The return of giant otters to a disturbed and completely mischaracterized environment, as evidenced by the construction and reconstruction of dens, resting places, and campsites for shelter, reproduction, and daily activities that include social interactions (Leuchtenberger and Mourão, 2008; Lima et al., 2012; Leuchtenberger et al., 2013), demonstrates that the species overcame the first environmental filter created by the structural habitat alteration. This was probably the result of the species' dispersion capabilities and suggests that the returning otters are trying to adapt to the new conditions where riverbanks are totally devoid of forest.

The next environmental filter created by the construction of hydroelectric dams after deforestation and the consequent structural alteration of the riparian environment will be the flooding of the habitat. Rising water levels will cause a considerable decrease in the number of banks and other structures, resulting in habitat loss. However, at the Balbina hydroelectric plant, an expansion of the area of distribution of giant otters was observed after the formation of the reservoir. The species incorporated various elements of the landscape, including new channels and islands formed, within their home range (Rosas et al., 2007). In addition to habitat loss, changes in water chemistry can affect the composition and abundance of fish and other food resources for the giant otter (Zuanon et al., 2002; Rosas et al., 2007). This will certainly be another filter imposed by the changing environment in the post-filling period.

The ability of this species to overcome environmental filters imposed by the environment will dictate whether they can survive and adapt to the deep and abrupt changes observed with the construction of reservoirs. These changes are often considered as one of the main factors for the decline of giant otter populations (Duplaix et al., 2008). We observed that the giant otter has managed to overcome the first of at least three environmental filters in the studied area, which results from the construction of hydroelectric dams: fragmentation, and consequent habitat alteration. Other long-term studies report that giant otters were able to overcome two types of filters. They were not affected by habitat loss caused by flooding, and maintained their diet composition by increasing their living range to adjacent undisturbed areas (Zuanon et al., 2002; Rosas et al., 2007; Cabral et al., 2010). Nevertheless, Palmeirim et al. (2014) recently demonstrated that, even with the possibility of living area expansion necessitated by flooding, giant otter populations diminished because of reduced habitat quality in the Balbina reservoir.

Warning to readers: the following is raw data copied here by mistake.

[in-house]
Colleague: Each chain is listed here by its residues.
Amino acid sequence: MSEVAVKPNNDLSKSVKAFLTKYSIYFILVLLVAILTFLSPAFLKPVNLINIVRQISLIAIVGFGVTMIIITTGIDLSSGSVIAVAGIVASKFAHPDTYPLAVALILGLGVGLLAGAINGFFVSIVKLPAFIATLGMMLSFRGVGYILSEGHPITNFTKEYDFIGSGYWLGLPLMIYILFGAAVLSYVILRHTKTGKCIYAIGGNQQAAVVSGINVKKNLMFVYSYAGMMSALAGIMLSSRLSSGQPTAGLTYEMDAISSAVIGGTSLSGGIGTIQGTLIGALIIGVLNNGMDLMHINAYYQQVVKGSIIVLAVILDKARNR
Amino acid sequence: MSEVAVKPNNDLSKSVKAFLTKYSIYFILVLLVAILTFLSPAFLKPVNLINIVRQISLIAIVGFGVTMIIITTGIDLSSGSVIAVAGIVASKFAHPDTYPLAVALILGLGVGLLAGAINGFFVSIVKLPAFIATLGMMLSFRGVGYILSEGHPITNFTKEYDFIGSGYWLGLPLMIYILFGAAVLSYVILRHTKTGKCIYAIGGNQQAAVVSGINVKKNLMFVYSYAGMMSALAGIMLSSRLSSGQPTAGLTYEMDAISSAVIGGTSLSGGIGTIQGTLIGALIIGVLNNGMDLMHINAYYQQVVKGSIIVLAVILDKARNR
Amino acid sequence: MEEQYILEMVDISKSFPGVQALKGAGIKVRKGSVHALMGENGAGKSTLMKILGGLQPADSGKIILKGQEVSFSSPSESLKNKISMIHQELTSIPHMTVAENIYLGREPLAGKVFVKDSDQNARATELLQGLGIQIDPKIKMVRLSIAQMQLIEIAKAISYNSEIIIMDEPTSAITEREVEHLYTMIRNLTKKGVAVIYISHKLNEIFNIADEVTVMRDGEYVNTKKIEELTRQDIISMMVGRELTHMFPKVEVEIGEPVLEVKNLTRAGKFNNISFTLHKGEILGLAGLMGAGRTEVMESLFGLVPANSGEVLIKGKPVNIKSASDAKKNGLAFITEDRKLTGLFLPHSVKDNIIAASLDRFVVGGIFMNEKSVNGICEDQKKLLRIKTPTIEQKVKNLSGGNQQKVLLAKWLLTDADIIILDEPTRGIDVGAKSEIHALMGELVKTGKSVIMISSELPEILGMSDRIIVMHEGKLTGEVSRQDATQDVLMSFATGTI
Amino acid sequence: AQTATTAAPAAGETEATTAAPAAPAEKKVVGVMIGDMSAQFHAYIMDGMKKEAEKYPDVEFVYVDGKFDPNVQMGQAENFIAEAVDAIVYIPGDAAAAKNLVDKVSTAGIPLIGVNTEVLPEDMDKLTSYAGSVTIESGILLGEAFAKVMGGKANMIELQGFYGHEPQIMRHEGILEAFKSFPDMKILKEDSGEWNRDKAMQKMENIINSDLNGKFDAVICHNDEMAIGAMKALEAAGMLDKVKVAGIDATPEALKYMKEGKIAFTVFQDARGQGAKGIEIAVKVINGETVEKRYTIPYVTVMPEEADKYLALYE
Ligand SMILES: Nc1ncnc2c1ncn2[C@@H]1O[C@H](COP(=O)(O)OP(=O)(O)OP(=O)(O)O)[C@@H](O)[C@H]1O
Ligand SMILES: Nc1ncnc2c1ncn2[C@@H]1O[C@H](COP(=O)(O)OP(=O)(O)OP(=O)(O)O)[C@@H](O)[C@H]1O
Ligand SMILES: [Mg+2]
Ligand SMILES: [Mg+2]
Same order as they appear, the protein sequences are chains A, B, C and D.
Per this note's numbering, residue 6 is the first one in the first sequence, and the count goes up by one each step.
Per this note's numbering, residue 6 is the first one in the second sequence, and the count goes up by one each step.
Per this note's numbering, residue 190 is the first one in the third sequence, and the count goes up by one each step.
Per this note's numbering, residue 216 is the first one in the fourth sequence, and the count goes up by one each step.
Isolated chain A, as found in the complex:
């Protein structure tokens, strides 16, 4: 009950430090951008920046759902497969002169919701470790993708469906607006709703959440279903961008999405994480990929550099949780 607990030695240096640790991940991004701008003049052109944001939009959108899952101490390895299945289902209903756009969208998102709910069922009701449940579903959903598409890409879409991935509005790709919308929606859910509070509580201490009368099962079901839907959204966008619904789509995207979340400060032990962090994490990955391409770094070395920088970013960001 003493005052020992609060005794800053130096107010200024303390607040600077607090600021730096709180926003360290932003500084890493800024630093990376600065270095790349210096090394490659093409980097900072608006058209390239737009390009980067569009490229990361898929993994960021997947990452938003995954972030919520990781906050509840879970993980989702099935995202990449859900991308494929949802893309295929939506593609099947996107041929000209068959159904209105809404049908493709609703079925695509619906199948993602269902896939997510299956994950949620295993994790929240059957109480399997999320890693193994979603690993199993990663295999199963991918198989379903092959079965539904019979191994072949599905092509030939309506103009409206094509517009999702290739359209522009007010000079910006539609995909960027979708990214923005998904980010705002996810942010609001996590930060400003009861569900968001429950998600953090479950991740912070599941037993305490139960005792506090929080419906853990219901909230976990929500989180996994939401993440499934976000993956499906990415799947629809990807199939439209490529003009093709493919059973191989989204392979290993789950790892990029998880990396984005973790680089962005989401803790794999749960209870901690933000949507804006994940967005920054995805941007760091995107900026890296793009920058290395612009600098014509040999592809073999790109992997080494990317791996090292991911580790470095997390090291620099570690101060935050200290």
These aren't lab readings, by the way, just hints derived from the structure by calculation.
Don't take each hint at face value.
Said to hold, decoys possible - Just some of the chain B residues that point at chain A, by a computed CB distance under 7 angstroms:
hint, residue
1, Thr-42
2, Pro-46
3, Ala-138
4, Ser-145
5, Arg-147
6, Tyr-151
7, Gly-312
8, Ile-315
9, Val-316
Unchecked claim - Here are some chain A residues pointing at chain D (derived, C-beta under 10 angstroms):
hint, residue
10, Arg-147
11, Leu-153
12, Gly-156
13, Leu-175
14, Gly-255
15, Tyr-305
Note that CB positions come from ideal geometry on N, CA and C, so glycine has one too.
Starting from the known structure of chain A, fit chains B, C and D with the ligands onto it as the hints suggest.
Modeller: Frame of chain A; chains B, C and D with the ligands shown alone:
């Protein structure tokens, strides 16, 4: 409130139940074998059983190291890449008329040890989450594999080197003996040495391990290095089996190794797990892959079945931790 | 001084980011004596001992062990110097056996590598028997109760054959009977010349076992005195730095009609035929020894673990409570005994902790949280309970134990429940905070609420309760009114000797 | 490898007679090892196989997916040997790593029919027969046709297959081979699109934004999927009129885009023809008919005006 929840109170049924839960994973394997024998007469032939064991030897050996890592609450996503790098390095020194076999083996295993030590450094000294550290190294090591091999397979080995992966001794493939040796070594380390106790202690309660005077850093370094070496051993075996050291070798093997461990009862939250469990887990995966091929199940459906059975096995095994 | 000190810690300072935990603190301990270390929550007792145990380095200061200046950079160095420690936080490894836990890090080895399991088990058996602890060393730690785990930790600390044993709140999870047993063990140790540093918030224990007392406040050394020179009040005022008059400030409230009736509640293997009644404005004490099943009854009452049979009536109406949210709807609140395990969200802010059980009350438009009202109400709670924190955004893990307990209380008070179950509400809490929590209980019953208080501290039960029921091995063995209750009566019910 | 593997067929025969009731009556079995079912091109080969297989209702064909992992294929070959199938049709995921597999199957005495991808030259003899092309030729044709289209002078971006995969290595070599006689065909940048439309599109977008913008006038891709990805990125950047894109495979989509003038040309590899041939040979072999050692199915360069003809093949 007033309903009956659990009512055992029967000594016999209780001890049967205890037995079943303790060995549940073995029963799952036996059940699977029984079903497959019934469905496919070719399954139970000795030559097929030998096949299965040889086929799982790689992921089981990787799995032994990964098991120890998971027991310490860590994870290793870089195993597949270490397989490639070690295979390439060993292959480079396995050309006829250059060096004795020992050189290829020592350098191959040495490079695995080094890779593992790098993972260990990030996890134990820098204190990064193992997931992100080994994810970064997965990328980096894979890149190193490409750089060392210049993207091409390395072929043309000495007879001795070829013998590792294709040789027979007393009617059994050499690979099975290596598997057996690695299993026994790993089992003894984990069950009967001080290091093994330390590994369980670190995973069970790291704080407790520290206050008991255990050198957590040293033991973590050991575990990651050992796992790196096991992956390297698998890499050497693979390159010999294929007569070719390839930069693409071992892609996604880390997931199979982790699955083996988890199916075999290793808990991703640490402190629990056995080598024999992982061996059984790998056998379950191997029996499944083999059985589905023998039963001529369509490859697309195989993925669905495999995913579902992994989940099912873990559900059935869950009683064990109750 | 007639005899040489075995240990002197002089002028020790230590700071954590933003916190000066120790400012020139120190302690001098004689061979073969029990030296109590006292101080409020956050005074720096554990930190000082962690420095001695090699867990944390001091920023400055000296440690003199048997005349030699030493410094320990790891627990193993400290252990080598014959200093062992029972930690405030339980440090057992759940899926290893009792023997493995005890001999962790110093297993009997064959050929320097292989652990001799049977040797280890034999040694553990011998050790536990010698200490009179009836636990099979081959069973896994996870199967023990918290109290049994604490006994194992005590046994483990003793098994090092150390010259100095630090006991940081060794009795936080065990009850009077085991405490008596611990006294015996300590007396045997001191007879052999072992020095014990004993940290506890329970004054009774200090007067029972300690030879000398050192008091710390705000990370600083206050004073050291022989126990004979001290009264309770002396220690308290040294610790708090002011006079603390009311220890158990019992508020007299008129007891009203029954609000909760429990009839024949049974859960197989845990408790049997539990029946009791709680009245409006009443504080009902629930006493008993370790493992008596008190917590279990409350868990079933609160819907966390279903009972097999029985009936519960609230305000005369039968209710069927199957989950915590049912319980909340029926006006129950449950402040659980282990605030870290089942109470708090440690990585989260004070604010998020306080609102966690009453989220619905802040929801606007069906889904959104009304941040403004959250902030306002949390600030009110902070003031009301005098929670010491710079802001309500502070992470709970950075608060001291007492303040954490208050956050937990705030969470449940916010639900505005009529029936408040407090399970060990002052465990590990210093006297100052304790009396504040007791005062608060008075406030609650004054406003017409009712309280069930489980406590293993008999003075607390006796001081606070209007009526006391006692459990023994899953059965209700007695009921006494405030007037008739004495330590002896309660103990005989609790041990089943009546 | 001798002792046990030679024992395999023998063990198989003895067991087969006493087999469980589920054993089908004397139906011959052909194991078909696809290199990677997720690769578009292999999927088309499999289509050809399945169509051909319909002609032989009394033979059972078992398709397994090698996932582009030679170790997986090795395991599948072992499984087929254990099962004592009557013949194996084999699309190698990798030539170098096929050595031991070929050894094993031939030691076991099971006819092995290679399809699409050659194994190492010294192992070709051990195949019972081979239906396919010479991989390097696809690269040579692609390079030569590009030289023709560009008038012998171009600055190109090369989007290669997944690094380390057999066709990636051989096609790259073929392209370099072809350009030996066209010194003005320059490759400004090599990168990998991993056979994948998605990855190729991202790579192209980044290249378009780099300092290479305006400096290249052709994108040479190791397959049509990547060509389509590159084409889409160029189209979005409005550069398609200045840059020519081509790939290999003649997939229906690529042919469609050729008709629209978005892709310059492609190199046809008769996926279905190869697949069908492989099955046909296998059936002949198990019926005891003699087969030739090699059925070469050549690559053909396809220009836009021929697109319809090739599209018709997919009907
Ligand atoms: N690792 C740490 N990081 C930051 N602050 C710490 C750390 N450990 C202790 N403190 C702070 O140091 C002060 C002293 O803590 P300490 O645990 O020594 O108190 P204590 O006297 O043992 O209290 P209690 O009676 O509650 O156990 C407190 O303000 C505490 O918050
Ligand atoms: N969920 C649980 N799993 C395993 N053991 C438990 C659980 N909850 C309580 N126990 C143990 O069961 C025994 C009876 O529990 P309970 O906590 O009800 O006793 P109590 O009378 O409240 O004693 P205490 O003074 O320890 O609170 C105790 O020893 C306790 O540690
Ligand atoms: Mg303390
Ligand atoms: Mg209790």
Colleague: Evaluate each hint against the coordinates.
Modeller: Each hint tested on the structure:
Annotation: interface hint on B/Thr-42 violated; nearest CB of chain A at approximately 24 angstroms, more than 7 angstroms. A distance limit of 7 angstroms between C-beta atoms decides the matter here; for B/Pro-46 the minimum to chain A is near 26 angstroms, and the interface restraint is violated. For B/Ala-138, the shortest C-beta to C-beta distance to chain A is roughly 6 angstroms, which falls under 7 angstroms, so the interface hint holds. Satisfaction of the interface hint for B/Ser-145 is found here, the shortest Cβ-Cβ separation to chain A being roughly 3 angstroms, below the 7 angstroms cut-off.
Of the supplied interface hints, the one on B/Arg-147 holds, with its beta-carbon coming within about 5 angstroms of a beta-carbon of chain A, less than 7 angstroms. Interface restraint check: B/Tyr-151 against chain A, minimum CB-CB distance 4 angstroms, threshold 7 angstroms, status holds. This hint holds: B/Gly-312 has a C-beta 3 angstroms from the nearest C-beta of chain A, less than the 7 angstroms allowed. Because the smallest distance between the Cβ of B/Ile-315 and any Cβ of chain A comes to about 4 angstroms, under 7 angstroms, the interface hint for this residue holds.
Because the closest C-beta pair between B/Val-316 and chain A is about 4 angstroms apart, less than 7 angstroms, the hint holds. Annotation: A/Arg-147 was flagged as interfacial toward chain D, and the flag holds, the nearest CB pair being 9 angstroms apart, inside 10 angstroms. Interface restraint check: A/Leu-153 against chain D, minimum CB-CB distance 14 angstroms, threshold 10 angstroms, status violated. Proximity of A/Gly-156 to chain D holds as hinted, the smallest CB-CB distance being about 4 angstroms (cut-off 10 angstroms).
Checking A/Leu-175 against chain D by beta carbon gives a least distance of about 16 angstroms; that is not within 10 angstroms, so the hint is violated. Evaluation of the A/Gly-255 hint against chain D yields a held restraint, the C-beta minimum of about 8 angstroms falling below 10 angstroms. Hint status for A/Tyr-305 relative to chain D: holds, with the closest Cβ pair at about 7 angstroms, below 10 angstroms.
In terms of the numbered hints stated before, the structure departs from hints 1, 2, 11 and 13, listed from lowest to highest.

Thus, even if otters are returning to the degraded areas, there is no guarantee that they can survive the sub-optimal conditions offered by the environment currentlhy being formed. The length of time that these groups will remain in these environments after its complete modification is unknown and must to be studied in the future. In addition, regions with strong forest fragmentation such as the studied region (Michalski and Peres 2005, 2007; Norris and Michalski, 2009) can present low occupancy capacity for groups of otters, which reinforces the concern with the permanence of these observed groups after the complete filling of the lake and the side effects from this process.

The beginning of the filling of the Teles Pires reservoir occurred in December of 2014, from which it has been possible to evaluate and monitor the influence of other environmental filters on the species. Hence, more years of monitoring these groups are necessary to evaluate the relevant effects promoted by habitat alterations and the level of impact that will result on these already threaten animals.

Acknowledgements - We are thankful for the Teles Pires Hydroelectric Company and the Biota Projects and Environmental Consulting LTDA. for their overall and logistical support in the field. We are also thankful to Diego Silva, Douglas Lara, Uécson Suendel, Rafael Grisostenes, and the field technicians, Edson Dias and Roque Prates, for their important assistance in data collection. Many thanks to Romari Martinez to help us with the abstract in Spanish and Alexandre Vale for creating the sample area map.